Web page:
7 Signs Your Proposal Writing Needs Improving
Proposal Writing Tips to Win Over Clients
Proposal writing is the final step in the sales process. You’ve generated a lead, built rapport, and now it’s time to sell yourself as the best candidate to help generate value for the company. The ask can be a scary thing for many, but a strong proposal eases that stress. By now, since you know exactly what the client wants, it’s as simple as outlining how you can give it to them in a proposal. This is the time to be detailed, without going overboard. You’ve found your golden goose, so don’t scare it off. It’s time to strike gold.
In this article, we’ll be covering 7 common mistakes when writing business proposals. Avoid them at all costs and you’ll have better odds at landing your client.
1. You’re selling something they don’t need.
Identify your client’s needs before you sit down and start writing your proposal. Everything comes natural after that. When qualifying leads, make sure you ask open ended questions. This will tell you what services you can have the highest impact on, and what will add the most value to their business. Clearly outline the core services your client needs and nothing more. Before you submit your proposal, re-think the services you’re pitching. Then, cut the fat and thank us later.
2. You’re telling them what you do, not what the benefit is for them.
You’ve outlined your services. It’s detailed and specific. They know exactly what they’re getting and how your team is going to get it done. What they don’t understand (at all) is how these services benefit them. Your proposal should describe how your company’s strengths impact their business. If they don’t understand why, and how, you’re pushing their business goals forward, you’re less likely to close them as a client.
3. You’re not including timelines and deliverables.
Strong proposals break down services into specific tasks with deadlines. If you want your proposal to impress your lead enough that they can’t wait to sign you, they need to know exactly what it will be like when they’re working with you. After signing a contract, what will your first week working together look like? How about the first month? What about the quarter?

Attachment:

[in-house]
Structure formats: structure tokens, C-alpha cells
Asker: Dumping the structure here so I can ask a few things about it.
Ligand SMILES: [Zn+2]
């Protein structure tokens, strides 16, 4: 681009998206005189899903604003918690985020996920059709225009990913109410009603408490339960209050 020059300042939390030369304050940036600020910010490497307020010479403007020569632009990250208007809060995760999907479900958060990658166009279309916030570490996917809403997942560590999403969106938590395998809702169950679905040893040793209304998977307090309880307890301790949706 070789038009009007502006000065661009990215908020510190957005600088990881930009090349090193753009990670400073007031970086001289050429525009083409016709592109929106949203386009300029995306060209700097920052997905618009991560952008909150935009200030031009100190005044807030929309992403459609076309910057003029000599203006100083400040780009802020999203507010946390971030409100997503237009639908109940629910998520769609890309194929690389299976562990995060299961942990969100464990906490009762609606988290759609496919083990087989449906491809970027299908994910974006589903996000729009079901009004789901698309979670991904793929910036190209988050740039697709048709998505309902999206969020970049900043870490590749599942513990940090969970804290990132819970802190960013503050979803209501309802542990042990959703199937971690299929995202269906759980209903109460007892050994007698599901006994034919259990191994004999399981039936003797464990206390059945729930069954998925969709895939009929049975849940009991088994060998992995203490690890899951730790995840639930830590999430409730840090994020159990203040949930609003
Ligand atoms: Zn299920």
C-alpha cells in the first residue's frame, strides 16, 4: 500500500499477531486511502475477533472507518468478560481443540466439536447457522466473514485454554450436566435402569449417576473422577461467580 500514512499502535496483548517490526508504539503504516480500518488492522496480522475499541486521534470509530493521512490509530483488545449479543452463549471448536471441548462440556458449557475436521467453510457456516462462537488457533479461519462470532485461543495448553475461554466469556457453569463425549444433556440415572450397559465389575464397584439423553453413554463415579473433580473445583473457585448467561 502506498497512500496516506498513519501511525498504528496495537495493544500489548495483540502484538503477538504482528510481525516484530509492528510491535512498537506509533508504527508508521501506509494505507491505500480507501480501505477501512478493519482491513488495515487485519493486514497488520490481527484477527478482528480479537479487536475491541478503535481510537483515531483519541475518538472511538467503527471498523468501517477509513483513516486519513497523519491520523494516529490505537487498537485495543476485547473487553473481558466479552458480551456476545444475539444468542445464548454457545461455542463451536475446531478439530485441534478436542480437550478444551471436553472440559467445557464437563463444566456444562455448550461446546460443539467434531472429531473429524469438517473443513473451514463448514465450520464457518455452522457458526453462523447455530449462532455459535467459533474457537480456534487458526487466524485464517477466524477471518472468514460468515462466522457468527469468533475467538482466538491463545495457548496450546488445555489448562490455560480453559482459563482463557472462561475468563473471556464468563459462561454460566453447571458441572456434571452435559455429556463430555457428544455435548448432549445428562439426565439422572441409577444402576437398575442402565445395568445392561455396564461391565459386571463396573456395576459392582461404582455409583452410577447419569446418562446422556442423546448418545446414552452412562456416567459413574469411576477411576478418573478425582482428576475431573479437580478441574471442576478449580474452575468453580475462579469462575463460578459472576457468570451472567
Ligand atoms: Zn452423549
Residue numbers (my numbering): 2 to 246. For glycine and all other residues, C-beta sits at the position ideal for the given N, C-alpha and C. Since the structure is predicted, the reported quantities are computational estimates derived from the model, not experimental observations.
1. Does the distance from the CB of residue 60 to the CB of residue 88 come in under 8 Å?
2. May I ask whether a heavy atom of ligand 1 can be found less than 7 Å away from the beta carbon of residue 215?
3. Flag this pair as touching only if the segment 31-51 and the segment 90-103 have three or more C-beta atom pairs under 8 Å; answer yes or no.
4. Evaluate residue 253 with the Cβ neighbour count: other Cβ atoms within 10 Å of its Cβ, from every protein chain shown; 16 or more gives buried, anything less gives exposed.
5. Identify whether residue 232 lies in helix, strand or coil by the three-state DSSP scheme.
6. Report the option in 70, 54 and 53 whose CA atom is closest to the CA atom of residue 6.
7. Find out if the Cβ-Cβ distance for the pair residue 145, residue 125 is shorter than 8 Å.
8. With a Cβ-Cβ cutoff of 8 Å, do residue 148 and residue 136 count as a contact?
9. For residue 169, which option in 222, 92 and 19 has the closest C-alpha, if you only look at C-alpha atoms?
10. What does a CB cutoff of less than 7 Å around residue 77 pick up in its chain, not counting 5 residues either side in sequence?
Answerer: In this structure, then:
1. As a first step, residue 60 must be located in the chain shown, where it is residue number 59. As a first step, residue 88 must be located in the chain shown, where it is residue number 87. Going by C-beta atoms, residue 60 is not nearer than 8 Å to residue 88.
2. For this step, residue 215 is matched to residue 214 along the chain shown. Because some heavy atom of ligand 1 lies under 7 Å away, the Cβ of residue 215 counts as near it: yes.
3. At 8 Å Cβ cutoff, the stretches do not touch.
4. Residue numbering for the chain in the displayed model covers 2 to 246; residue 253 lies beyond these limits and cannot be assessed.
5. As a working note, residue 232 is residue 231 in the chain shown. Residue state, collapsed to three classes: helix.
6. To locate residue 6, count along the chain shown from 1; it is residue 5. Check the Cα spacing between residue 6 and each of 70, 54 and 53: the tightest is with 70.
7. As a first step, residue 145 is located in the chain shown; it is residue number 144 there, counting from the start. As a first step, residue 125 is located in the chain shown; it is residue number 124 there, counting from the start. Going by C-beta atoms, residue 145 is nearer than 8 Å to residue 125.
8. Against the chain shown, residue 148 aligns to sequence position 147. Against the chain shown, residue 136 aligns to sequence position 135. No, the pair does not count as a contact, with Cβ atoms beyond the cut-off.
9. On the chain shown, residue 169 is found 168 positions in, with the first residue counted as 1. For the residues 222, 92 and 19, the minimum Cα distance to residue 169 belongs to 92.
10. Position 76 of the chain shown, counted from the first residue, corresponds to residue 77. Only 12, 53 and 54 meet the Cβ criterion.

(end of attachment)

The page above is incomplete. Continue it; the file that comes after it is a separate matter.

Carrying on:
4. Your pricing isn’t based, even in part, on success
“I’m spending x dollars and I’m getting what?” That’s what your potential client is thinking when reading through your proposal. In fact, they might skip straight to your pricing before actually reading through the whole document. If your rapport and expertise wowed them already, it’s a very likely scenario. Is there a correlation between your plan to success and your pricing?
5. Your CTA sucks.
You know the saying, “if you never ask, you’ll never receive”? That’s what happens when your Call to Action sucks. The application of enticing CTAs is not limited to websites and advertising. To drive someone from considering your services to signed client, you need to give them direction. Tell them what to do. Make it clear. Make it confident. Make it compelling. Bonus points for humour.
6. It’s too long.
You know what we just said about CTAs? About how they need to be clear and compelling? The same theory applies to your whole proposal. If it’s too long then you’re distracting from the offer and the ask. Make your Offer. Make it compelling. State your Ask. Anything else? Delete it. It’s unnecessary and harmful to your chances. If your proposal can be one page, don’t make it two. Make it part of your editing process.
7. Your document looks terrible.
Aesthetics matter way more than you could ever imagine. If a proposal isn’t visually appealing, it will look like you didn’t put in any effort. It will look rushed. Beautiful proposals win over clients. They’re easier to look at, and easier to read. Most importantly, they’re easier to close a deal with.
Proposal success doesn’t come down to luck. This isn’t about throwing things at a wall and hoping something sticks. Yes, you will never close all the deals you propose, but when you follow the above principles, you’ll certainly improve your chances of success. Cover everything your client is looking for in a partnership with you. Show them where their money is going and how each of your services benefits their business. Make them visualize what working with you will be like and how you’ll reach success together. Make it concise and visually appealing. Ask for the job.